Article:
His monitors flickered and the company screen-saver bounced the corporate logo around his desktop. Miles nudged the mouse to clear it. The machine asked for a password. He squeezed the arms to the seat he’d been sitting on for the last six hours. He hated that he used this password more than he used his home phone number.
No surprise really. That autumn after Millie left for India, Miles had phoned his parents. “I’m going to India to meet Millie,” he’d said to his mother. He’d worked all summer and had the money. “Oh,” his mother’s voice cracked, she paused. Jesus, she knew how to play him. “Your grandparents are coming for Christmas. They’re almost 90. Are you sure you want to go this year? I mean, why not Easter? This will be the last Christmas they’ll make it up. It’s family. Your bothers and sister will be here too. For the first time in years we’ll all be together. Please, Miles, darling, it would be so good to have you here too. Please reconsider.”
“Right,” Miles had said. “Sure Mum. I guess that’ll be fine. I didn’t know the Grands were going to be there.” Millie would understand.
Miles closed his eyes and rolled his head back on his shoulders. His knees ached from being so goddamned immobile. Not for six hours, but for 26 years. He’d gone home that Christmas and hated it. Fought with his brother in a way that meant they’d never really made up because they each thought they were right, right, always right. Miles tried to stretch his jaw but his back teeth felt welded together. Cemented, locked, permanently shut.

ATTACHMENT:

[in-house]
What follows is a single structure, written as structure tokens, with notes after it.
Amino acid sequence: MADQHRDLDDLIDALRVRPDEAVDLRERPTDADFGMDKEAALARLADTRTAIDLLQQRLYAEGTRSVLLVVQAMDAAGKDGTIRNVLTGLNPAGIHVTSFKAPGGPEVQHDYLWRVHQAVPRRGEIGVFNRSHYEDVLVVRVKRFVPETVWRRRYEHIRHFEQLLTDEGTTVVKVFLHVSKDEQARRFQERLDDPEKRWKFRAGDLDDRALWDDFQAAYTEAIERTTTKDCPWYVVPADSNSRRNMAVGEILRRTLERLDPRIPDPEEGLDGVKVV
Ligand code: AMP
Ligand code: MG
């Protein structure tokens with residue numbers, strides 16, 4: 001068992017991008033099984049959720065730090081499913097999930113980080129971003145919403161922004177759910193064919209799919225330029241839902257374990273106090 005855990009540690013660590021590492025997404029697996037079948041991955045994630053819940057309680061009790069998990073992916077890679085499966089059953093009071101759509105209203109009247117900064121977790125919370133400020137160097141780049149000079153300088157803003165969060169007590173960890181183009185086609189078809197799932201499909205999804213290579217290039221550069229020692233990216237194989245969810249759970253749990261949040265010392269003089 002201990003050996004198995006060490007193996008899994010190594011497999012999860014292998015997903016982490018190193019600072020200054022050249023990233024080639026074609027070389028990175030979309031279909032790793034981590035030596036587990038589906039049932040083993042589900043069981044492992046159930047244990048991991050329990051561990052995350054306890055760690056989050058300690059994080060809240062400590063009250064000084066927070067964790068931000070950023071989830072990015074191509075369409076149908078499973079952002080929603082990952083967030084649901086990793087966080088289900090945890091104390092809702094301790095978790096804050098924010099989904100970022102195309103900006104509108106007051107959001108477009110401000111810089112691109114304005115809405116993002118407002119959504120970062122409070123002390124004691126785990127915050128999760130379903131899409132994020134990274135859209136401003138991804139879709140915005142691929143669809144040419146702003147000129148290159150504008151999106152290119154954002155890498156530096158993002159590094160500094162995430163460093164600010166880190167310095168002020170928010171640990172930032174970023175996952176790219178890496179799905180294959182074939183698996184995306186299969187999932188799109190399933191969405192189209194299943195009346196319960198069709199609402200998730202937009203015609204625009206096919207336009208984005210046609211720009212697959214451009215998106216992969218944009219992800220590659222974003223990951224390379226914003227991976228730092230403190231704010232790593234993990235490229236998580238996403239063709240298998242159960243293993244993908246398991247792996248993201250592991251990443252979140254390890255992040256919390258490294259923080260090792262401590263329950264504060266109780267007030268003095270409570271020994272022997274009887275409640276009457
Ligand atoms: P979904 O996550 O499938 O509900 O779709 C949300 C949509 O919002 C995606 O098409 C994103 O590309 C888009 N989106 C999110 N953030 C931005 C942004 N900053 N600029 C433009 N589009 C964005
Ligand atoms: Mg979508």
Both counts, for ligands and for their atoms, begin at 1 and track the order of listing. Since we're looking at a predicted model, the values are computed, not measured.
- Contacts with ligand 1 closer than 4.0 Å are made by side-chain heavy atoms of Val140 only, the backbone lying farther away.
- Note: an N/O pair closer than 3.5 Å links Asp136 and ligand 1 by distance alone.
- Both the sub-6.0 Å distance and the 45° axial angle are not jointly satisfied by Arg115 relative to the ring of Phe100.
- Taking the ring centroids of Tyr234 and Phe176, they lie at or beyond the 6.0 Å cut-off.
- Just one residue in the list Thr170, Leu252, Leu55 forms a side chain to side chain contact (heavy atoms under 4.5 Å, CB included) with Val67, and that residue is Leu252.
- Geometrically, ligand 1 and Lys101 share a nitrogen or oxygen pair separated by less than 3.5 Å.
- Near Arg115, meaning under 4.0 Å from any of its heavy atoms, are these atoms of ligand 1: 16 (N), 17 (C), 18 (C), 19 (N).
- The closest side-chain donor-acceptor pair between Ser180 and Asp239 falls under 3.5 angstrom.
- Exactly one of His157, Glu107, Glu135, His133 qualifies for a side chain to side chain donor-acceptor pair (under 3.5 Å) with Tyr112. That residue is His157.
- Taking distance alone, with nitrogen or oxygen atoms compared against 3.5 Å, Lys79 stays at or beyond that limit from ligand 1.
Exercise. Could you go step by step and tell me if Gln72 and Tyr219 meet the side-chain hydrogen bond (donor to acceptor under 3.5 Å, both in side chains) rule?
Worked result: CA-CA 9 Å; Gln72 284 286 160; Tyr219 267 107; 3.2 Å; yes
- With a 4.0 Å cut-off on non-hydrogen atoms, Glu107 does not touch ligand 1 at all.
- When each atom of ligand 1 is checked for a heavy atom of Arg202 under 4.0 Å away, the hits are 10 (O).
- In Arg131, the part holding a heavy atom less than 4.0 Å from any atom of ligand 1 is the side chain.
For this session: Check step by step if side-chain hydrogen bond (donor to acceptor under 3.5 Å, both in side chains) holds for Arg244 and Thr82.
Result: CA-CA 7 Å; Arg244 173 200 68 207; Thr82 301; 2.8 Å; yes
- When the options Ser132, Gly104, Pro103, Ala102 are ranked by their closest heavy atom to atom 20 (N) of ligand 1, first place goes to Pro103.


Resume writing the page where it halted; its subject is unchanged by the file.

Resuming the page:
Of course he didn’t go to India in April. Of course he worked the summer of his fourth year. Of course he got a job when he graduated. Of course he met a woman at his local gym. Of course he had two kids. Of course he bought a bastard house he hates. Of course he bought a brand new, gas-greedy, city-living 4×4. Of course his kids go to private school. Of course his wife runs a piss-artist interior design business.
Right, right, always right.
Right kids, let’s go to clarinet lessons. Right darling, let do that extension for your studio. Right boss, let me bend over and drop them.
Where was Millie? Jesus. Where is Millie? Miles cleared his screensaver again and punched his password in then opened Google. Millie Wickers, he typed and clicked search.
4,398,276 search results. Millie in India. Millie in China. Millie writing for the National Geographic. Millie writing for the Lonely Planet. Millie’s photos everywhere. The same Millie. Dear god, she still does everything in full colour. Pages everywhere. Smiling, laughing, explaining, writing, discovering, turning left. Everywhere. That was Millie’s thing. If the world told her to turn right, she’d turn left no matter what.
“What about your degree?” Miles had asked her when she first said she was going to India.